Tax makes record books under Labour

A book containing the entirety of UK direct taxation for 2005-06 was
published this week, weighing in at a record-breaking 9,050 pages – almost twice
the size of the publication when Labour took office in 1997.

The Tories have seized upon the latest edition of Tolley’s Yellow Tax
as proof of the Byzantine complexity of the tax system under
Gordon Brown’s reign.

It took almost 200 years from the introduction of income tax for Britain’s
tax law to reach 4,555 pages, but in the eight years since Labour came to power
that figure has doubled.

Shadow chancellor George Osborne was quoted in The Times as saying:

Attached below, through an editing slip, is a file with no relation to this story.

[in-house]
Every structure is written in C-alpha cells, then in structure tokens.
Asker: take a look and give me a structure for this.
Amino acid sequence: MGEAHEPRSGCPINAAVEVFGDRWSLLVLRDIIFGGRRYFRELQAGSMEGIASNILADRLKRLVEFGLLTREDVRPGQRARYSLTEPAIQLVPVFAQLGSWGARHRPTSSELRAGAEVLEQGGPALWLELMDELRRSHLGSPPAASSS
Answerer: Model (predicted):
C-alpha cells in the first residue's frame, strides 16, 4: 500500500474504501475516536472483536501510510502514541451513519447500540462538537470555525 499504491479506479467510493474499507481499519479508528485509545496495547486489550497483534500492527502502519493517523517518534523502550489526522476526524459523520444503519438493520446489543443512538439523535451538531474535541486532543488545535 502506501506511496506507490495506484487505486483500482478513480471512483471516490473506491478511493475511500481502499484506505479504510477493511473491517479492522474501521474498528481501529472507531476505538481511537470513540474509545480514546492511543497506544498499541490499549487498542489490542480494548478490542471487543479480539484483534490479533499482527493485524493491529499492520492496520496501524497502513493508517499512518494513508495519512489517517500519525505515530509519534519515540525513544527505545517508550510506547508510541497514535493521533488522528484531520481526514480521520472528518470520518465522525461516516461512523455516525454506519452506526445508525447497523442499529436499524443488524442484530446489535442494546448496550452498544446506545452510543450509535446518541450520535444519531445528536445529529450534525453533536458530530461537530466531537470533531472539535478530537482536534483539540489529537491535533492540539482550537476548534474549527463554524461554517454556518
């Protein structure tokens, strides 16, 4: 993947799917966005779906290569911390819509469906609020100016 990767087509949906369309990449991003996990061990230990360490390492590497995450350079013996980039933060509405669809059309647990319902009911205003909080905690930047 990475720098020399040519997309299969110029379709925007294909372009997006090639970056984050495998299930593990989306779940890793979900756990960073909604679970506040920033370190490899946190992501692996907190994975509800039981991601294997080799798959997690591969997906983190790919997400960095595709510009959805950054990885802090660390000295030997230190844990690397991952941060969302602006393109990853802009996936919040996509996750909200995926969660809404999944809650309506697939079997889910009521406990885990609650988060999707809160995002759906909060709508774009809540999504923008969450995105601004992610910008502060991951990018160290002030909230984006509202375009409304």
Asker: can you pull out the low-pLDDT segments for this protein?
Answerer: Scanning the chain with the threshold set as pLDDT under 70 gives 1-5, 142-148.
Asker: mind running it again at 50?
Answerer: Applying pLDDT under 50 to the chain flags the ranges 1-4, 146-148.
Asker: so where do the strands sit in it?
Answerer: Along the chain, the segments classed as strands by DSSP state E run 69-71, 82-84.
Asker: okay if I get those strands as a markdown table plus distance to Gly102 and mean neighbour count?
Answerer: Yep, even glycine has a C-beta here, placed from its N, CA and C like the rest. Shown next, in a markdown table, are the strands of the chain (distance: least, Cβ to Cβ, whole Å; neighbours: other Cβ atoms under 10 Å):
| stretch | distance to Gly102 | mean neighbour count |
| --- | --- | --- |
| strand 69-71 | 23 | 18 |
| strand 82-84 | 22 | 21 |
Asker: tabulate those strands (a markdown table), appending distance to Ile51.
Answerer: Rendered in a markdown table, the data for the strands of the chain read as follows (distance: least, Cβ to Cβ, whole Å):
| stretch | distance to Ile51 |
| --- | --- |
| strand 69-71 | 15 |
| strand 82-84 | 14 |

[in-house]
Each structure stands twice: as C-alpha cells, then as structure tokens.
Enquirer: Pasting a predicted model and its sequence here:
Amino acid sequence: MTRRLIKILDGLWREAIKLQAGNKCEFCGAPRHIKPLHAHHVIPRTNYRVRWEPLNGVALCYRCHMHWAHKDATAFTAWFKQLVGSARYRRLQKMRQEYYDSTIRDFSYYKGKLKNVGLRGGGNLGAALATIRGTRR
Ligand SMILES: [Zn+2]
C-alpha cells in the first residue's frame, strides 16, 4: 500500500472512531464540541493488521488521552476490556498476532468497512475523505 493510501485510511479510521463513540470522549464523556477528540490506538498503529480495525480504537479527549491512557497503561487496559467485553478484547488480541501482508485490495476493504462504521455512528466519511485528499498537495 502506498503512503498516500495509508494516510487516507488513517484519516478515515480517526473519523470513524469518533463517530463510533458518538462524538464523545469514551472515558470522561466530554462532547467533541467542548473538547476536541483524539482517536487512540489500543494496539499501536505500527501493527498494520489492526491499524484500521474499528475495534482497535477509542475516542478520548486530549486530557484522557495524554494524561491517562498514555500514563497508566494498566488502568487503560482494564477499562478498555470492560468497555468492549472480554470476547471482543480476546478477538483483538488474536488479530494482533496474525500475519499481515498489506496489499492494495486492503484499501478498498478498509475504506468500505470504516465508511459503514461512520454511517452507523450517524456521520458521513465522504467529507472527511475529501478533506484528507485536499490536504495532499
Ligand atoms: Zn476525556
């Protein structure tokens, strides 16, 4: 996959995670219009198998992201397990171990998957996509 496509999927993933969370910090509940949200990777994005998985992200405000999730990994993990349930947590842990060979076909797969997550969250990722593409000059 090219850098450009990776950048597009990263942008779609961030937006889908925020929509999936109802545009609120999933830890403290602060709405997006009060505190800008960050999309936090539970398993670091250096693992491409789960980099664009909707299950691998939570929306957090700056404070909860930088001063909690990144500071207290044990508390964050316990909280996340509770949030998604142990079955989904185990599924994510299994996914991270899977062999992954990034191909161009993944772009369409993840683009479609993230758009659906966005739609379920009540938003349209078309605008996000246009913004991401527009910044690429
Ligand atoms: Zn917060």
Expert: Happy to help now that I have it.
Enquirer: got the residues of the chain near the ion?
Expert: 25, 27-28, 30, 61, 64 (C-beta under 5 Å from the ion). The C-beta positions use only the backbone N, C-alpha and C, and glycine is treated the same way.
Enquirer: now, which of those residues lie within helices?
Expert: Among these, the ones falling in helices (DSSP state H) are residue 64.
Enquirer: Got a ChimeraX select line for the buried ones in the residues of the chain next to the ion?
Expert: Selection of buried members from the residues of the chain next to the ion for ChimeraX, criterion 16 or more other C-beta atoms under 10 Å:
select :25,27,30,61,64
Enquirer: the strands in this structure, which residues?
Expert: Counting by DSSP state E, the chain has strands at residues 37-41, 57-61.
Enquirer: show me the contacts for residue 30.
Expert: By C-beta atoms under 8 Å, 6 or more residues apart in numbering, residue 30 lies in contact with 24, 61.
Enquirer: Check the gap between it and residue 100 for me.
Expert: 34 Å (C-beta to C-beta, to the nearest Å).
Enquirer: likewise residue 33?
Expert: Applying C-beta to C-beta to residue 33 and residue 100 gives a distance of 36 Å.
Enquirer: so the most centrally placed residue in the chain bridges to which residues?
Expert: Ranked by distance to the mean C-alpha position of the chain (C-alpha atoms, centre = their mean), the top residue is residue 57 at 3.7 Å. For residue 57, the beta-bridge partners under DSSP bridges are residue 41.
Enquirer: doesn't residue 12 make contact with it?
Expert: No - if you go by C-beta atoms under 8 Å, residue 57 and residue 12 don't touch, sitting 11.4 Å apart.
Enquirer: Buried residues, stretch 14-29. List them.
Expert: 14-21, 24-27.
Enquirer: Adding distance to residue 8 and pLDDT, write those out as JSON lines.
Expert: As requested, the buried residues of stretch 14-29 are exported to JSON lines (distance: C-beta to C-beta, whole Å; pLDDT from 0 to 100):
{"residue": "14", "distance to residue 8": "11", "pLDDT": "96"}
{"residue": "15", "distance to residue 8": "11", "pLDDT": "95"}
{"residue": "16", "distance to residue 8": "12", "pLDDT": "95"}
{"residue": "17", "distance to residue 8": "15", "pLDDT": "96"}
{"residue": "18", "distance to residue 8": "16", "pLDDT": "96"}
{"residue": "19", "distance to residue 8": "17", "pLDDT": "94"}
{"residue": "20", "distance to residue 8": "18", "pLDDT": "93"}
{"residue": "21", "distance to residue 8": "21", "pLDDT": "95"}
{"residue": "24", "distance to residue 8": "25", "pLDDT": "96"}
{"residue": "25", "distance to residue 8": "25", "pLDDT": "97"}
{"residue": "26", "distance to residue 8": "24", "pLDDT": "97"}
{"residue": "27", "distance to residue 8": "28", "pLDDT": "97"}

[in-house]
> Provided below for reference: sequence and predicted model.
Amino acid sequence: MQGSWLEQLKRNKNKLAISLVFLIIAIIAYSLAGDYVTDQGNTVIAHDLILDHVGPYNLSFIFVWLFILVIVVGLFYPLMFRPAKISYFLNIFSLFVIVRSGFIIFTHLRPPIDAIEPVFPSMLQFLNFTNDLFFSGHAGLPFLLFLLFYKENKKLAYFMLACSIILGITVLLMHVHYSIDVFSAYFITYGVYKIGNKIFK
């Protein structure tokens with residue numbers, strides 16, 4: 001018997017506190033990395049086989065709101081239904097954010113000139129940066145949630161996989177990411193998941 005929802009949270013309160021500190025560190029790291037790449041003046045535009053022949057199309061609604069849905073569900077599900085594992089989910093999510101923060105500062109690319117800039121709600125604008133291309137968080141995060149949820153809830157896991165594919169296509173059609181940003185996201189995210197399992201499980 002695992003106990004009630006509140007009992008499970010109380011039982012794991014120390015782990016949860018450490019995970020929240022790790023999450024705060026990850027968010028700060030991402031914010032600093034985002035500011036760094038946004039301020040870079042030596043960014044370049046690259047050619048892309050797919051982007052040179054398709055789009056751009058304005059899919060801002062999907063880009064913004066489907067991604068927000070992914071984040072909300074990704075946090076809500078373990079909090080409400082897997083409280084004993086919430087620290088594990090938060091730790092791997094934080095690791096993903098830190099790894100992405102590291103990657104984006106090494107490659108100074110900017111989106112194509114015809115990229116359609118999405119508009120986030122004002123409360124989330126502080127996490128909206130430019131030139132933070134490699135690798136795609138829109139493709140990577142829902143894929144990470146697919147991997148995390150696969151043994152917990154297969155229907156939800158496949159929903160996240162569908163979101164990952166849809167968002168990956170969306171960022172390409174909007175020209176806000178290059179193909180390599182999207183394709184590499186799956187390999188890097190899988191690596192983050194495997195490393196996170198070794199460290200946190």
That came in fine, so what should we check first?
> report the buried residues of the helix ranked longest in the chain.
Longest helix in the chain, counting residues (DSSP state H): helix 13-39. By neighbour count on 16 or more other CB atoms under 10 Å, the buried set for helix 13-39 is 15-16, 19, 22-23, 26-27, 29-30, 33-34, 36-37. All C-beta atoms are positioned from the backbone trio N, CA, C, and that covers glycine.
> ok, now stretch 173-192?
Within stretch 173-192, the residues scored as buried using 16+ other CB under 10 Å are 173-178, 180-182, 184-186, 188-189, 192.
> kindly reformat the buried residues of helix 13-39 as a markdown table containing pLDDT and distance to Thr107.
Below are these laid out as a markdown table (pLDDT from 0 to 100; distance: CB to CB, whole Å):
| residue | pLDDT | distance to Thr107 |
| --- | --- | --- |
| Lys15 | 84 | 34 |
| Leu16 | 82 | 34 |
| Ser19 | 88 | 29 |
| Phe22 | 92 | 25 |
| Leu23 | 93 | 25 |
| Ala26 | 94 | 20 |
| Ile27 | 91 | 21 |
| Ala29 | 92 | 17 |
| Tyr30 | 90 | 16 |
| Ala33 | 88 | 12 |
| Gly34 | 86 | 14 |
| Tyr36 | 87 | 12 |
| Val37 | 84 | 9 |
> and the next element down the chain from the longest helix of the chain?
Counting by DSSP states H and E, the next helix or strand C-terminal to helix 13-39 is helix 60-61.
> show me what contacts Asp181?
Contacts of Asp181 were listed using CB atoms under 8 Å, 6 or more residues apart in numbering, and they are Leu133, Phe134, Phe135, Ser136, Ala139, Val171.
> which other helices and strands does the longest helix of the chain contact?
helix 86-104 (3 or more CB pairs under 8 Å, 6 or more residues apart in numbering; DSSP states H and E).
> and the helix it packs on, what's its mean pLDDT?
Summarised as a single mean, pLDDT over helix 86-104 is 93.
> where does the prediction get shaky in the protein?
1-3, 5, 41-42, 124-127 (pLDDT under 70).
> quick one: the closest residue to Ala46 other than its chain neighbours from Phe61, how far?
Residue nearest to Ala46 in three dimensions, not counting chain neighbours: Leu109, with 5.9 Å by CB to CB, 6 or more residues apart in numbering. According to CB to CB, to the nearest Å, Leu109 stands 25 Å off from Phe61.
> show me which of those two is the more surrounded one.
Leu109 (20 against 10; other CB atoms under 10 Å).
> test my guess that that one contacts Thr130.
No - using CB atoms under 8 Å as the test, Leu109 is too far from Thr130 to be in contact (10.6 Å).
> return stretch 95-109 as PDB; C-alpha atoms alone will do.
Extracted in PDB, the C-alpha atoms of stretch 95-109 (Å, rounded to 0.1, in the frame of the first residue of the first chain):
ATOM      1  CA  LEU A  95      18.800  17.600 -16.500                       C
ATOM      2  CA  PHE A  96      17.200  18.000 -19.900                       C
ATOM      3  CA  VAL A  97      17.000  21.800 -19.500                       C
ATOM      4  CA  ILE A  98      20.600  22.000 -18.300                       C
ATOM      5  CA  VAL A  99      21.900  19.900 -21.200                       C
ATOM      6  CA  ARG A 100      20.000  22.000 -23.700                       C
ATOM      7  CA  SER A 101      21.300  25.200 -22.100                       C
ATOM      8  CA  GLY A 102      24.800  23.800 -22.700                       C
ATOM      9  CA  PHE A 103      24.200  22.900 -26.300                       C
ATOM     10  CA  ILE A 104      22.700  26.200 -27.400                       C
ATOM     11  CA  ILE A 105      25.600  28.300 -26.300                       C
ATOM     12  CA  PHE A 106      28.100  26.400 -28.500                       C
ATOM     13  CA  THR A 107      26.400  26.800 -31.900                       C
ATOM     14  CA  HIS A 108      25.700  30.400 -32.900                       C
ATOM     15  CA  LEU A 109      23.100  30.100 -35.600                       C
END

‘When will Gordon Brown wake up and notice that overseas companies are
simplifying their tax laws to encourage, not burden, business?’

And a Treasury spokesman said of the handbook: ‘Simply counting the pages of
a handbook does not represent the Government’s tax reforms. In fact, the
Government takes tackling complexity very seriously and has a good record on
measures to simplify the tax system’.

The Government is gearing up to introduce a raft of new tax legislation to
tackle what it sees as unfair and abusive tax avoidance in the corporate world.

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